Tapping into historical project data can help you plan ahead to avoid overstressing your workerforce.
Inflexibility: Embrace The Hiccups
Being inflexible can actually result in the opposite outcome than what’s intended by causing projects to go over budget by not being resourceful.
Sticking to a timeline and budget is an honorable trait in a project manager. After all, expectations were set with clients and with your team, and good leaders follow through on their commitments.
However, there is a time to dig in your heels and a time to adjust. Being inflexible can actually result in the opposite outcome than what’s intended by causing projects to go over budget by not being resourceful.
Sometimes, admitting that hiccups happen and accepting them is the right course of action. Harvard Business Review discovered that the “negative effect of setbacks on engagement is two-tothree times the positive effects of progress.” Because setbacks will always occur, managers need to embrace positive methods for handling these moments. By being open to changing direction or learning from mistakes and moving forward, managers can keep employees happy and productive.
Practicing agility is important, which is much easier to do when you understand the trade-offs. By looking at the overall project plan, you can understand dependencies, weigh options, and make information-based decisions to ensure that flexibility results in constructive adjustments and minimal budget impacts.
Negative effect of setbacks on engagement is two-to three times the positive effects of progress.
Too Flexible: Be A Little Rigid
Finding the right balance of flexibility and structure takes effort.
Too much agility can throw projects over budget, not to mention sending the wrong message to employees and clients. The former may end up feeling like they are not being properly led or are working at the whims of the client; the latter may take advantage of too much give on your part. Finding the right balance takes effort.
When creating project plans and budgets, build a reasonable amount of flexibility into your project plans in order to deliver at or above expectations. As a general rule, leave a 20% cushion either around tasks or employee time (or both, if you want to be extra careful). For example, plan for only 80% of each resource’s time in order to provide the extra hour or two needed each day when something unexpected happens (which it always does).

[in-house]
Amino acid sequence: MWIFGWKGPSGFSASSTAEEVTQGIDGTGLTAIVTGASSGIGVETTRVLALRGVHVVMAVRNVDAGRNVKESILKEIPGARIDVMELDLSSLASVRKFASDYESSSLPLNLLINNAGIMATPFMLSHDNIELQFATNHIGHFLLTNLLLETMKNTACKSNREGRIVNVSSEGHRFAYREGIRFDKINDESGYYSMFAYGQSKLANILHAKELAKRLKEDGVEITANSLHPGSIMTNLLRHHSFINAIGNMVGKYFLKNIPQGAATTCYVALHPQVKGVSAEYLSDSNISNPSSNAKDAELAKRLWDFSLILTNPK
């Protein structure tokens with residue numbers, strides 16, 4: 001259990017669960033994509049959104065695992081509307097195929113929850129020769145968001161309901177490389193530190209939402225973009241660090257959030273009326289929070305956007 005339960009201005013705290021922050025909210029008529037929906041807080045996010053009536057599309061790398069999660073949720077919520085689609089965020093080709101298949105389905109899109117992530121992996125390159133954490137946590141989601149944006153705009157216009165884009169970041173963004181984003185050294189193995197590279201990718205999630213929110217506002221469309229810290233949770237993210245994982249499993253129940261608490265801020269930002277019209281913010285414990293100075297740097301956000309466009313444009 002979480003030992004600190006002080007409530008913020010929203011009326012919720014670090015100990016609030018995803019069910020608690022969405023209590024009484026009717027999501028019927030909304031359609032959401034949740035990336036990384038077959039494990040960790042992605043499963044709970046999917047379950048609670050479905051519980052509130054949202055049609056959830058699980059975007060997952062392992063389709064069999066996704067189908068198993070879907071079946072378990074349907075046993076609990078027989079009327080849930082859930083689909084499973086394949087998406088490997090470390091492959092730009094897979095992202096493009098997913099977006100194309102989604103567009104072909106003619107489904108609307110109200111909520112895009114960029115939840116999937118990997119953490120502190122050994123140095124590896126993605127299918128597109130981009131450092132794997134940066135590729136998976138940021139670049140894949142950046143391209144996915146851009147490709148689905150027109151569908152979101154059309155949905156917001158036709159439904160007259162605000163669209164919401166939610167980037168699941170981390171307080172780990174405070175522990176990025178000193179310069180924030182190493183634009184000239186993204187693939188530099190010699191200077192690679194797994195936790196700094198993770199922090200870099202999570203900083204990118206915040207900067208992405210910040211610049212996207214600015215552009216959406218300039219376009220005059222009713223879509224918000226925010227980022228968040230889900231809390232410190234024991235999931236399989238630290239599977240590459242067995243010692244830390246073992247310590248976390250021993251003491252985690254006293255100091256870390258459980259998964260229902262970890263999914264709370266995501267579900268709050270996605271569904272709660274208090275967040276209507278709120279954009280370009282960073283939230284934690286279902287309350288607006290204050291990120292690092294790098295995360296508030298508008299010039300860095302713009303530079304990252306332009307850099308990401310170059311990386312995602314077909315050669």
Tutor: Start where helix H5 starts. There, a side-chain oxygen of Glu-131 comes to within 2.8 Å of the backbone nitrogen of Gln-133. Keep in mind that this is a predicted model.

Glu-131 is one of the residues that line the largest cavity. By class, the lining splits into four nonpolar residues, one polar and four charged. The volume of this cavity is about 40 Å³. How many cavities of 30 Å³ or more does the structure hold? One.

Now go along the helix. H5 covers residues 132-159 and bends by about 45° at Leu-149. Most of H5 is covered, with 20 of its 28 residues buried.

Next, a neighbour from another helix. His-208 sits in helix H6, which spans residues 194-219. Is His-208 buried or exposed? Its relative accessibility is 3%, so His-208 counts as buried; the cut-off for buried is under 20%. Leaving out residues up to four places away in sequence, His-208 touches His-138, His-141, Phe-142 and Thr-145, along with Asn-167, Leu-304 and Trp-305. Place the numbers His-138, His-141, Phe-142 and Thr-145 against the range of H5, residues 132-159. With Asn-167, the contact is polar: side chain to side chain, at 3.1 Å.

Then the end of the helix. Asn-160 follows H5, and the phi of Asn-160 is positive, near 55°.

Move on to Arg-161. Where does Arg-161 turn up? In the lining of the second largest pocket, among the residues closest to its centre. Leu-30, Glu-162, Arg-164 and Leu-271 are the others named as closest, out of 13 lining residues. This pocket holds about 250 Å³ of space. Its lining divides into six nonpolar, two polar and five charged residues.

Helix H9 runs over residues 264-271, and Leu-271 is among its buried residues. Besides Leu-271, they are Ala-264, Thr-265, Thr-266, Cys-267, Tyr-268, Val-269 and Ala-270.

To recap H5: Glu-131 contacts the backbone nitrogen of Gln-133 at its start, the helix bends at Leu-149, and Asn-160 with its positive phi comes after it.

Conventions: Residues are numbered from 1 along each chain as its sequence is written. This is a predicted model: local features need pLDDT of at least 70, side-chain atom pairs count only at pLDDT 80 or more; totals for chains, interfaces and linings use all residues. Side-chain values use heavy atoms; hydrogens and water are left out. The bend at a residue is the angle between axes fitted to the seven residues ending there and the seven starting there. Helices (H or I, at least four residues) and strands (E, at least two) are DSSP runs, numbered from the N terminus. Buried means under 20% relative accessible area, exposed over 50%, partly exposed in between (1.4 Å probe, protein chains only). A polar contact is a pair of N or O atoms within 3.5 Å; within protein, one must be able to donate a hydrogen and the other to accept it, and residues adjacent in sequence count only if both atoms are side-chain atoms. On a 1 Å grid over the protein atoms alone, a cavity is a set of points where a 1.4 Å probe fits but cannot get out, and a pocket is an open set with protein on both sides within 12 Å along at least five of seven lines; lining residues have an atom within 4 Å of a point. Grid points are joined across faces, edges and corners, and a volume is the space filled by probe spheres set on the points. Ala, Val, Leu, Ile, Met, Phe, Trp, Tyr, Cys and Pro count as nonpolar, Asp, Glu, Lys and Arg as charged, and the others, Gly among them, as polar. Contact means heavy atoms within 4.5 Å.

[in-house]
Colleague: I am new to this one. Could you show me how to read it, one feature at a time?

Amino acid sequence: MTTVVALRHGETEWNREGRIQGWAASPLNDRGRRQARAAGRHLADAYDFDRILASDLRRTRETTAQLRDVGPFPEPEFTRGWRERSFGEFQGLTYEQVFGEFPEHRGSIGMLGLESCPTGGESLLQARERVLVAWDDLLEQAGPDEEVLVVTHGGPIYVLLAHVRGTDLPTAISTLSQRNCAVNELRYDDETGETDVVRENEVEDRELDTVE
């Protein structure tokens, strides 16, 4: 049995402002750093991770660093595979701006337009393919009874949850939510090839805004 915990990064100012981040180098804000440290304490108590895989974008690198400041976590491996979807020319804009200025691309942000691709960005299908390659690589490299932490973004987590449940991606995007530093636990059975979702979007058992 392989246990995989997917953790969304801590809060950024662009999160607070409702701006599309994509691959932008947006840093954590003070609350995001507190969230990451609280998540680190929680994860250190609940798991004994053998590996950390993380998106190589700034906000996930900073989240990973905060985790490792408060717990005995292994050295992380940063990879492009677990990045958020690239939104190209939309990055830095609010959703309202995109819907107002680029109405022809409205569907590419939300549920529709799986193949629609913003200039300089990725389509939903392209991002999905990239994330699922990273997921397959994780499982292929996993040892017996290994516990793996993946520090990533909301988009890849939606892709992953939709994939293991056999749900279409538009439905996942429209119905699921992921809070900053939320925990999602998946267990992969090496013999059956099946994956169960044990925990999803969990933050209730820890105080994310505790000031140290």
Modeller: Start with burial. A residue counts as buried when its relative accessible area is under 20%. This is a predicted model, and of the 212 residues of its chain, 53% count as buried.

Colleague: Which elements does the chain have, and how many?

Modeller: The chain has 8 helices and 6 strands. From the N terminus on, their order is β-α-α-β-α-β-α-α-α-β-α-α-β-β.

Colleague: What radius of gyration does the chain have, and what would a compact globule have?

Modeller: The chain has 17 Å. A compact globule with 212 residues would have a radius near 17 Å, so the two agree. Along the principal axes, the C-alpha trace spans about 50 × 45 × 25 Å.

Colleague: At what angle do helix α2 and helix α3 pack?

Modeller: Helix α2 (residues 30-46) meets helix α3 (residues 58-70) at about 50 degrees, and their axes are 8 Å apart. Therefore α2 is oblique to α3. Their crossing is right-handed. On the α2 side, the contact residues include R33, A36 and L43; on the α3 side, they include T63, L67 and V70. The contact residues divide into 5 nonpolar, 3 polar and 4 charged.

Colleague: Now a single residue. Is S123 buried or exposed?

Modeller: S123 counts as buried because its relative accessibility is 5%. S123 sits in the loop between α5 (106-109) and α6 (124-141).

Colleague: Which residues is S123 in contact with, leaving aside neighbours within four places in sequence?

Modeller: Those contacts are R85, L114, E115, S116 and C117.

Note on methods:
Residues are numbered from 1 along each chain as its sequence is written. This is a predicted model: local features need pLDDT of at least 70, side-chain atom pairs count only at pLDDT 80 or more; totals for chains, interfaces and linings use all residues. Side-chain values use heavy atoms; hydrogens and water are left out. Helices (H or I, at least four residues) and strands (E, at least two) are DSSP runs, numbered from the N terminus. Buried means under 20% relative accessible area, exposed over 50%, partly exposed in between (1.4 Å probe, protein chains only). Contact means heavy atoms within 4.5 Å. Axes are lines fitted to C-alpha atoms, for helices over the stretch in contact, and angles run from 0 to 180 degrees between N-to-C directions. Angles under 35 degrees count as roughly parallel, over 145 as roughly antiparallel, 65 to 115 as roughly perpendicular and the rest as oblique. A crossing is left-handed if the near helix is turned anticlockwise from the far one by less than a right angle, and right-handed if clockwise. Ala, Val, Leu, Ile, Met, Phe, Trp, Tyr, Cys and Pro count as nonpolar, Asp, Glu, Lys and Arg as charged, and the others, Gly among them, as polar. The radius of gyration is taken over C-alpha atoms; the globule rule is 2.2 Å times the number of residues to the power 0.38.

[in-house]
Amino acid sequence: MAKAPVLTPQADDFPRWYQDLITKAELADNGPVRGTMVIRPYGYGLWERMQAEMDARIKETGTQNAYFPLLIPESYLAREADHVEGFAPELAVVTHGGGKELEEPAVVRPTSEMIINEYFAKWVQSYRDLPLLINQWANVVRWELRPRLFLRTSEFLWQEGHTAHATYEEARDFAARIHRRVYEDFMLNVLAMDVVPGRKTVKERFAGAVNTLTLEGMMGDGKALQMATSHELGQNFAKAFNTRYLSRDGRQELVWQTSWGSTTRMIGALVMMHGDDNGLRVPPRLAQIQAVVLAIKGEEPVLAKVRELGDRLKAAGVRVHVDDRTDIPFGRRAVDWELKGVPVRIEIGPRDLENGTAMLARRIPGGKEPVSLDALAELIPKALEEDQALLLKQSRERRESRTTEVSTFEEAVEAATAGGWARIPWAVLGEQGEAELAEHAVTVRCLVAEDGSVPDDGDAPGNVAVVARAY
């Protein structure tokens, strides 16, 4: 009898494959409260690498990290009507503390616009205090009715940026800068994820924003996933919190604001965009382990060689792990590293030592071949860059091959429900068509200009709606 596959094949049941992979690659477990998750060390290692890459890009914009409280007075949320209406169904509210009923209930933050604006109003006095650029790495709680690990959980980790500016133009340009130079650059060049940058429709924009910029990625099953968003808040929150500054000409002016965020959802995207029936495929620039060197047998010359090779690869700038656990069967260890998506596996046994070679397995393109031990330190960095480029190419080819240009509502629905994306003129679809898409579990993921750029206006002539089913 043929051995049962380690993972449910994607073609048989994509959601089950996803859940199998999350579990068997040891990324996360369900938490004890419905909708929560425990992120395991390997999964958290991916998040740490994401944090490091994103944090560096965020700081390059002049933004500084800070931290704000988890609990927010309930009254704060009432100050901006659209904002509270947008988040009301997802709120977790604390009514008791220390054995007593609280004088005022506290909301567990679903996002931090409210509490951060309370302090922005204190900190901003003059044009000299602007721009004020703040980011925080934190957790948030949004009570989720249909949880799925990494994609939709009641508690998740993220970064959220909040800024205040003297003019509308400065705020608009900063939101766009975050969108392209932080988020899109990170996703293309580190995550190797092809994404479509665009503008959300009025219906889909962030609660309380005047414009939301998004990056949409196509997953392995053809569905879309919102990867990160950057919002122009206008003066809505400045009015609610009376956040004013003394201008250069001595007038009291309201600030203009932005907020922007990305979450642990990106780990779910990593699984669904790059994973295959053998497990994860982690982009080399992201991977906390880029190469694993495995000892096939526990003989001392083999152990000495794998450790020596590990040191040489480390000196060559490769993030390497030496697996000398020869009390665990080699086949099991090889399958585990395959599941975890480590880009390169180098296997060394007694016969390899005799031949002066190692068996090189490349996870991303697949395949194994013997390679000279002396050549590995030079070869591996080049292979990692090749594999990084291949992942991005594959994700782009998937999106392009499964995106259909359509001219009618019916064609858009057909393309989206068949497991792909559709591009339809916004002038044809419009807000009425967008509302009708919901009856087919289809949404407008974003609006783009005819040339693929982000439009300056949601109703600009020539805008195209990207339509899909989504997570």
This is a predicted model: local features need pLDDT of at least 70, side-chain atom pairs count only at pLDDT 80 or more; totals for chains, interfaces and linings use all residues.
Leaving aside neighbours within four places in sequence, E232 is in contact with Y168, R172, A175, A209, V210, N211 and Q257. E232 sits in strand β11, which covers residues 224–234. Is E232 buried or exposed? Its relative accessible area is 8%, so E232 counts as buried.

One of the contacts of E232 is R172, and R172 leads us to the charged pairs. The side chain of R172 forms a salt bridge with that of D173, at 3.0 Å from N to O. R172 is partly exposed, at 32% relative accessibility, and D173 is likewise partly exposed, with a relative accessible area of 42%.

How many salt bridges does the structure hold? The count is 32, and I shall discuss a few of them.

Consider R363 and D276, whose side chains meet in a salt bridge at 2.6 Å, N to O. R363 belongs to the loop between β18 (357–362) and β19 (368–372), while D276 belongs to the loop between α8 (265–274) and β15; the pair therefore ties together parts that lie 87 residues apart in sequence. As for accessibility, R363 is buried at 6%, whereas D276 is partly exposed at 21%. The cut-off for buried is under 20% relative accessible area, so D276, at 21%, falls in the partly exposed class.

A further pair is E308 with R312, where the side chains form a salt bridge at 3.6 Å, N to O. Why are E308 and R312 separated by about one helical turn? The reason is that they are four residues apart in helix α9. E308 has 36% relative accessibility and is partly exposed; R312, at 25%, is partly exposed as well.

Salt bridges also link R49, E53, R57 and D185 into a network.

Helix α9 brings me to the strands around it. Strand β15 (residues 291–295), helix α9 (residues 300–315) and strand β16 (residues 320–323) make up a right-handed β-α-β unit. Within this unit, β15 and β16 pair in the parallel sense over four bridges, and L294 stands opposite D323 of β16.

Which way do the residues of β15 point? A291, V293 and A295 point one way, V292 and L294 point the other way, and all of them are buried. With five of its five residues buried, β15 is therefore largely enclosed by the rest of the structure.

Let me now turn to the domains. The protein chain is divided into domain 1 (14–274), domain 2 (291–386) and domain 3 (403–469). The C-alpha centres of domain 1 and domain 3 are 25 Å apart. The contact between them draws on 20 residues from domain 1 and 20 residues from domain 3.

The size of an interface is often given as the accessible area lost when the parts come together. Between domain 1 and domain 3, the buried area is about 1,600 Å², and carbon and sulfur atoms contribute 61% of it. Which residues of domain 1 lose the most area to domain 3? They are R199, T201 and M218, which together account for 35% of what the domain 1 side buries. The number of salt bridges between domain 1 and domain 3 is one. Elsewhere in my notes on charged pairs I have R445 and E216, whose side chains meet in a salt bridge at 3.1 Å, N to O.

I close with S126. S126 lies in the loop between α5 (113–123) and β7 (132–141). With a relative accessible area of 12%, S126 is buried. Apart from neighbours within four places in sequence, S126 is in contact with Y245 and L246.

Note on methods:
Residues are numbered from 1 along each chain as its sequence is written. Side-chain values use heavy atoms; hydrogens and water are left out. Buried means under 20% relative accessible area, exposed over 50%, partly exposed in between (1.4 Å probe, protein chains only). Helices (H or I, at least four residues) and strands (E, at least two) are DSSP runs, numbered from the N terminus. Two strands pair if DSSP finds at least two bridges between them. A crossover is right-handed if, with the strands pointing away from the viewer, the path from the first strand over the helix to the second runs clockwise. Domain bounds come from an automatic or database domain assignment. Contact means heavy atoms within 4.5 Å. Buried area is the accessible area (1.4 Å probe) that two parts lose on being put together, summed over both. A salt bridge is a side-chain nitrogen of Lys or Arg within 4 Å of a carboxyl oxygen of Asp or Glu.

To best utilize this flexibility, it helps to have full visibility into the scope of tasks, resource time, and budget so you know when you’ve used up the wiggle room and when you have some time to spare.
And don’t forget to share changes as soon as you know they are happening! Communication is a critical partner-in-crime of flexibility.
Employees may end up feeling like they are not being properly led or are working at the whims of the client when there is too much focus change.
Project managers have a tough job: not only do they need to keep projects on budget and actively monitor tasks and teams, but they also need to ensure that clients are happy and informed about project status. With this perfect storm of responsibilities, real-time information about project statuses is needed in order to be agile when necessary and empowered to make decisions. Course correcting is as much a science as an art form, but having the knowledge readily available to make informed decisions is half the battle.
The key to staying on budget is active monitoring of projects and teams. Visibility also helps with adopting process improvements and making better decisions in the future. The end result is one that any project manager will appreciate: engaged employees, successful completion of projects, and happy clients.